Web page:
Published by Sherry Cooper
Bank of Canada Holds The Overnight Policy Rate Steady at 5% For the Third Consecutive Meeting.
The Bank of Canada Held Rates Steady and Took A More Neutral Tone
It was widely expected that the Bank of Canada would maintain its key policy rate at 5% for the third consecutive time. It will continue to sell government securities (quantitative tightening) to normalize its balance sheet. Market participants weighed and measured each word of the BoC press release and assessed that the Bank took a less hawkish stance.
This time, the release said, “Higher interest rates are clearly restraining spending: consumption growth in the last two quarters was close to zero, and business investment has been volatile but essentially flat over the past year. Exports and inventory adjustment subtracted from GDP growth in the third quarter, while government spending and new home construction provided a boost. The labour market continues to ease: job creation has been slower than labour force growth, job vacancies have declined further, and the unemployment rate has risen modestly. Even so, wages are still rising by 4-5%. Overall, these data and indicators for the fourth quarter suggest the economy is no longer in excess demand.”
At the prior meeting in late October, the Bank said that the labour market remained “on the tight side” but acknowledged today that it was loosening. Indeed, the October Monetary Policy Report suggested that the inflation rate would not hit its 2% target level until late 2025.
Today, the tone was much more optimistic, suggesting that policymakers are increasingly confident interest rates are restrictive enough to bring inflation back to the 2% target. Still, Bank officials want to see more progress on core inflation before it begins to ease. It said, “The Bank’s preferred measures of core inflation have been around 3½-4%, with the October data coming in towards the lower end of this range.”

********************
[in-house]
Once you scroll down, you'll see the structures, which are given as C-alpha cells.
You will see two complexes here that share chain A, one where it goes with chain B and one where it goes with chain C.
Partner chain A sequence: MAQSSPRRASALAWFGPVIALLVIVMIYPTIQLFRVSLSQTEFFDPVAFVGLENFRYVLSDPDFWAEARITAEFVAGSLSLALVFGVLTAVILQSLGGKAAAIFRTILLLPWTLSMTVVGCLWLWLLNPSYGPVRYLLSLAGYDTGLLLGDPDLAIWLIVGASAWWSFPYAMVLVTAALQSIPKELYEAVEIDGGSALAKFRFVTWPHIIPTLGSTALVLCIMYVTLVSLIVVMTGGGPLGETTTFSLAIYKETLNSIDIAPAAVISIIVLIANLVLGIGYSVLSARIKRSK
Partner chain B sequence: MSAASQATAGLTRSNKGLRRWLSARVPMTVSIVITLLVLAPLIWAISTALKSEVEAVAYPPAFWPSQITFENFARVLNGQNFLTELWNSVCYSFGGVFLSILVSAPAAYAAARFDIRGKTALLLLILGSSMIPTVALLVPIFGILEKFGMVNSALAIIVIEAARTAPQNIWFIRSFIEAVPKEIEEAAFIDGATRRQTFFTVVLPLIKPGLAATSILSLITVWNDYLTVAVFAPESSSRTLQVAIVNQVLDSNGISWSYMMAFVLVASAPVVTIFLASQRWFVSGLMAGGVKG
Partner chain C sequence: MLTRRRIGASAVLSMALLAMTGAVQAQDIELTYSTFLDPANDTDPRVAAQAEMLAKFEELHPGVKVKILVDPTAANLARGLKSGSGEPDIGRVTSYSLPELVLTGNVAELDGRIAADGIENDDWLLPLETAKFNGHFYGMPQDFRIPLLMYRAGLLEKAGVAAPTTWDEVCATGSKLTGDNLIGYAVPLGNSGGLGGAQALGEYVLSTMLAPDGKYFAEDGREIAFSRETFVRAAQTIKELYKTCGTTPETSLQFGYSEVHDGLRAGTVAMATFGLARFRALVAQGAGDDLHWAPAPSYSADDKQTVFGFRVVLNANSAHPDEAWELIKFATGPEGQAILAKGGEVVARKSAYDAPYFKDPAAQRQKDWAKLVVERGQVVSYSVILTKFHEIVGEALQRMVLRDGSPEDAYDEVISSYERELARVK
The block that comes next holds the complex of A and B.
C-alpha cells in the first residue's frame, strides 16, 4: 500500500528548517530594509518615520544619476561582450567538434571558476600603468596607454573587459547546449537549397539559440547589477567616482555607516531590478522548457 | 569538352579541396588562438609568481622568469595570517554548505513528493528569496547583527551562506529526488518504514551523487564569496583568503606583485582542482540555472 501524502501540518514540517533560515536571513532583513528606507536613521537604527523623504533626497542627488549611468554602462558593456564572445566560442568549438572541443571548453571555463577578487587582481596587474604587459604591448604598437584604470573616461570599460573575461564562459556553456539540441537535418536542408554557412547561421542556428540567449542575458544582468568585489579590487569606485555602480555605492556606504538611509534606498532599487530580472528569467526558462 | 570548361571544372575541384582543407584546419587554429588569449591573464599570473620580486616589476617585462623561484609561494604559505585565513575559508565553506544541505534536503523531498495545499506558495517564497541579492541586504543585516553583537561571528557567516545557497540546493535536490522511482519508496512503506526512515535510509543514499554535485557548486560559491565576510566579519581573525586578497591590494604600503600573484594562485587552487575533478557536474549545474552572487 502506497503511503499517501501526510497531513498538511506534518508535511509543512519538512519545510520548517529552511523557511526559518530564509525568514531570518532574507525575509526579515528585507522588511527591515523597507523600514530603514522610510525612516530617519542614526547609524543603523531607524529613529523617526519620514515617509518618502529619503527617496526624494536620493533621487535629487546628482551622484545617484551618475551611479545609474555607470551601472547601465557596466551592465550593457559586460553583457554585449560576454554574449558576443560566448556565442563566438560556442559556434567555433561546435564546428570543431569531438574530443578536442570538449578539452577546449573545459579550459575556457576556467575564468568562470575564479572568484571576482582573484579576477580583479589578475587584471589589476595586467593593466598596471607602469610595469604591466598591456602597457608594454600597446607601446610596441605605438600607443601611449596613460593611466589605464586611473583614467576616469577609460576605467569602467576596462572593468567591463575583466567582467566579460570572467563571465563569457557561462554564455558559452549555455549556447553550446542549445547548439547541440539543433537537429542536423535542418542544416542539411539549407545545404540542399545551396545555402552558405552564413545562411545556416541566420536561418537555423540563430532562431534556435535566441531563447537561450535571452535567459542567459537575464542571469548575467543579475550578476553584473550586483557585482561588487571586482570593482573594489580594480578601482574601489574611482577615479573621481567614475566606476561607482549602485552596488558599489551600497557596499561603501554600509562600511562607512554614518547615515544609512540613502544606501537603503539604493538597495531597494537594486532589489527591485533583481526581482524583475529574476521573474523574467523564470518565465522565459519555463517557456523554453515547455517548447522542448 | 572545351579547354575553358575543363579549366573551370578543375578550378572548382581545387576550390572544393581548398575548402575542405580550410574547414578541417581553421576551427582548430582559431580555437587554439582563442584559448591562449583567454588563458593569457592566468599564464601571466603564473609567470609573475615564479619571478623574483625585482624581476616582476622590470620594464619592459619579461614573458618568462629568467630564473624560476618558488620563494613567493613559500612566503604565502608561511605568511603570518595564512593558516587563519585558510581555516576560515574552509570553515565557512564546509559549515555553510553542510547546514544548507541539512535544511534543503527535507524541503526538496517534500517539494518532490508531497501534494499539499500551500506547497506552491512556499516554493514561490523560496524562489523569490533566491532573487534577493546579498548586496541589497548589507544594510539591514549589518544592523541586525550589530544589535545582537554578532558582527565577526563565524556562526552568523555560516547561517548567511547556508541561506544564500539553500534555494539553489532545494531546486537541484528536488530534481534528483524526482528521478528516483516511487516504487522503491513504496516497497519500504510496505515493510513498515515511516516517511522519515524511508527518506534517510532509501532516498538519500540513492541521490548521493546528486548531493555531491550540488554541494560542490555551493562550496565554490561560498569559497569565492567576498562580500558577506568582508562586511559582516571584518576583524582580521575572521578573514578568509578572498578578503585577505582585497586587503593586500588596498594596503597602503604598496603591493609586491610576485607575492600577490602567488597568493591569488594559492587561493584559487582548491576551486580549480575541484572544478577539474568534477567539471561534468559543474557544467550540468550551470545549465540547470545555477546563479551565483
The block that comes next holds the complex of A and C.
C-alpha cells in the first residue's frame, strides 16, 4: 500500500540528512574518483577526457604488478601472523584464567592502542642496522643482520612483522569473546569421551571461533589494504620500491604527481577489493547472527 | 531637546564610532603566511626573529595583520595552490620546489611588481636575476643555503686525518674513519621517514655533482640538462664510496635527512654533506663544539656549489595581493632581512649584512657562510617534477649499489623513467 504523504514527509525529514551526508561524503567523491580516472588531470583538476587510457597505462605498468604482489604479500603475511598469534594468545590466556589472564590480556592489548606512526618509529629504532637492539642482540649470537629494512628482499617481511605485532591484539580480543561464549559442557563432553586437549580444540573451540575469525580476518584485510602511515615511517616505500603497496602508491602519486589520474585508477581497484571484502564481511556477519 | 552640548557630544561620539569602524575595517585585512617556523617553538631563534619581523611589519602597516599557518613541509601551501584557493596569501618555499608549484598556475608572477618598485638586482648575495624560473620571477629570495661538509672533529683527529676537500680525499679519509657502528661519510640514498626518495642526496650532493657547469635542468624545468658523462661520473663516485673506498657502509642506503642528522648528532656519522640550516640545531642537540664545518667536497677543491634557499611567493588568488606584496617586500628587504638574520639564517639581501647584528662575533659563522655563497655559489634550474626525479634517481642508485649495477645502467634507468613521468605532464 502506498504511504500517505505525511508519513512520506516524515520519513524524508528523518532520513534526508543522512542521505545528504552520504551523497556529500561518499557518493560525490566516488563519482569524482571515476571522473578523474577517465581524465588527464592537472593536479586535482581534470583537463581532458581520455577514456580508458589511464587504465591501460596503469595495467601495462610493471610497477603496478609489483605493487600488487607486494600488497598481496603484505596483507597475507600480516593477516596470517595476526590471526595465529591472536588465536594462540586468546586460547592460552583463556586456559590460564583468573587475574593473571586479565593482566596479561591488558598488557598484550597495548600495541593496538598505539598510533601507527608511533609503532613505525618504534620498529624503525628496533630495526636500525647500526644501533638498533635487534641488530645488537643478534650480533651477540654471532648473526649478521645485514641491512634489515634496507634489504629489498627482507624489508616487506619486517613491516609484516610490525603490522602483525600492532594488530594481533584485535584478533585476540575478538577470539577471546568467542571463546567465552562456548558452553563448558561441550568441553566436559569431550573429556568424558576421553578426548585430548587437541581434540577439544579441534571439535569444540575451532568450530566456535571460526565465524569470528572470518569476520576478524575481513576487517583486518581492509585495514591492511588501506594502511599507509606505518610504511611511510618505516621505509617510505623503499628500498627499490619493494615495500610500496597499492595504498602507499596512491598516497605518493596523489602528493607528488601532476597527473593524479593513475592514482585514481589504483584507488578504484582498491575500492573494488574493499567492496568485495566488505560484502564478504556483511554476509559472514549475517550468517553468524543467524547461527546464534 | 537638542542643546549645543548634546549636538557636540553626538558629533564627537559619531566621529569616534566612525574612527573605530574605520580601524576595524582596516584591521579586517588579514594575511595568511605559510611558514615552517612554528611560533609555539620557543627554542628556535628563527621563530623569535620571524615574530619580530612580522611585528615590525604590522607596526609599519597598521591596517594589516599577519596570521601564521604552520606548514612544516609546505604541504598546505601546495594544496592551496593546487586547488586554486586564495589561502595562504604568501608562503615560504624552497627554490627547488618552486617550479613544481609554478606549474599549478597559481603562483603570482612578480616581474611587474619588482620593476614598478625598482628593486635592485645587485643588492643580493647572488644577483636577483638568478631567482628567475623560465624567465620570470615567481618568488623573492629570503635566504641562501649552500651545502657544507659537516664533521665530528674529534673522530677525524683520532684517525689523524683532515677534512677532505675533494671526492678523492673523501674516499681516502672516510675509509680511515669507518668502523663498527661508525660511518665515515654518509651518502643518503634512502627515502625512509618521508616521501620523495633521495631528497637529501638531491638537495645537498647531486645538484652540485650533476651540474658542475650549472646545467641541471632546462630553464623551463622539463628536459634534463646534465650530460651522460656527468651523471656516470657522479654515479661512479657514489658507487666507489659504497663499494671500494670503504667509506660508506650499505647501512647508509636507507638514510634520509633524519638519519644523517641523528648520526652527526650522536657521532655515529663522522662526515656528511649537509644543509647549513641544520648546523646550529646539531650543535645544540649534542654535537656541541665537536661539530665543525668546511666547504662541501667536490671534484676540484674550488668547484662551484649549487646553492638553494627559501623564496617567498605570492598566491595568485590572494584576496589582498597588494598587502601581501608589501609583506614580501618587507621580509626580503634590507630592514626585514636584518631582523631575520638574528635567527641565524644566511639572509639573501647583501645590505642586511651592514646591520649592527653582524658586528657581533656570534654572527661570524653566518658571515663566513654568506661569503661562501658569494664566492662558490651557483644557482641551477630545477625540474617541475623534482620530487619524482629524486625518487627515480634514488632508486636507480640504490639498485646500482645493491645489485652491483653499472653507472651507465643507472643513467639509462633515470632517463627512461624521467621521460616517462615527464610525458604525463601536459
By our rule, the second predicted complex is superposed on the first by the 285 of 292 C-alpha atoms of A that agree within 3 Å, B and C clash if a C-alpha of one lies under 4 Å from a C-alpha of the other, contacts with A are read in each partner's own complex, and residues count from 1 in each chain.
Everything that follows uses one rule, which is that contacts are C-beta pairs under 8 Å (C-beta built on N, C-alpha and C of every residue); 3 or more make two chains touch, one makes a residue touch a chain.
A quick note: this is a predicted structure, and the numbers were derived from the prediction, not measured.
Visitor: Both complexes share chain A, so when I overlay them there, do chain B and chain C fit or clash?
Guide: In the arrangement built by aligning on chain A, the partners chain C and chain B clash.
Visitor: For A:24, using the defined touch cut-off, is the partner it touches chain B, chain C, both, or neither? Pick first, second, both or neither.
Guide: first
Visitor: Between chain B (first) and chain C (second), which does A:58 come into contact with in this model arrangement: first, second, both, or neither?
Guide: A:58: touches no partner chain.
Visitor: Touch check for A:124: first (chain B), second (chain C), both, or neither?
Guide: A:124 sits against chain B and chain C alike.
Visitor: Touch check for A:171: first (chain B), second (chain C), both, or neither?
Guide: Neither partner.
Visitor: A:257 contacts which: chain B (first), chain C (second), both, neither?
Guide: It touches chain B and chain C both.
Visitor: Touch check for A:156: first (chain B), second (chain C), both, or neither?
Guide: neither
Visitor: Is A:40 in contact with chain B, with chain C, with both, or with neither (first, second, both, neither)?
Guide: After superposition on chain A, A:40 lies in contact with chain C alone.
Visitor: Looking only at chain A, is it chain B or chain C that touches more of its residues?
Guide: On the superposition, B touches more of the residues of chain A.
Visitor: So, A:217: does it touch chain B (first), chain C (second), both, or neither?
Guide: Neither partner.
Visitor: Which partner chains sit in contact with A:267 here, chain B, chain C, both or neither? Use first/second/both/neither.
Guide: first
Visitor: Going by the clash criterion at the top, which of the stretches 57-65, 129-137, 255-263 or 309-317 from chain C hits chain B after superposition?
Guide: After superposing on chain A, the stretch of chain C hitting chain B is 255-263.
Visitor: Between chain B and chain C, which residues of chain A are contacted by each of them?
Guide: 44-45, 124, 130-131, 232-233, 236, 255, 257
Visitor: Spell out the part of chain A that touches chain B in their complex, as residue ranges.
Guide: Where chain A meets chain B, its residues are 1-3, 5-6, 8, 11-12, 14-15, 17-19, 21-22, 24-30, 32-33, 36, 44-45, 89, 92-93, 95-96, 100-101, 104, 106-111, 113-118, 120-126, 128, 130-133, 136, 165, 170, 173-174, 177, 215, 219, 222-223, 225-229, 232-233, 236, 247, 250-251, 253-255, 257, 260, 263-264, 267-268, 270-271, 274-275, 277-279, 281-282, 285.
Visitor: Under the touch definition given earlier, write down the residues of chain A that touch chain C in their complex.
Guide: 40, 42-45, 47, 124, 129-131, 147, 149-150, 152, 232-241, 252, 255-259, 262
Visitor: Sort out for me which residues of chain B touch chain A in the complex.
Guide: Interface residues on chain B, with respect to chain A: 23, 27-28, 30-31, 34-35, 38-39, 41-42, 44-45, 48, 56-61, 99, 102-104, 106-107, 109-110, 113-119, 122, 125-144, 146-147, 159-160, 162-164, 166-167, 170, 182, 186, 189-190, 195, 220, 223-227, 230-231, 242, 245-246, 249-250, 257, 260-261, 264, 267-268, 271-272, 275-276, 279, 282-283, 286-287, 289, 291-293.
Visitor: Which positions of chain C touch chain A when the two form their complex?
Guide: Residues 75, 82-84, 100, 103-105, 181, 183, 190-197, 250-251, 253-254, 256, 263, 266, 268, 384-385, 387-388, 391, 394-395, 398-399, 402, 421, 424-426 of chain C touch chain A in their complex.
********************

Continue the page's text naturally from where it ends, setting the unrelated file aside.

The central bank focuses on “the balance between demand and supply in the economy, inflation expectations, wage growth, and corporate pricing behaviour” and remains resolute in restoring price stability.
Bond yields peaked in early October and have fallen by nearly 100 basis points. This has led to reductions in fixed mortgage rates; however, those cuts have been far less than historical experience would have suggested, given the rally in 5-year government bonds.
Cuts in variable mortgage rates await a reduction in the overnight policy rate, which triggers a commensurate decline in the prime rate, which is currently stuck at 7.2%. I expect the BoC to begin cutting the policy rate by the middle of next year, taking it down a full percentage point to 4% by yearend.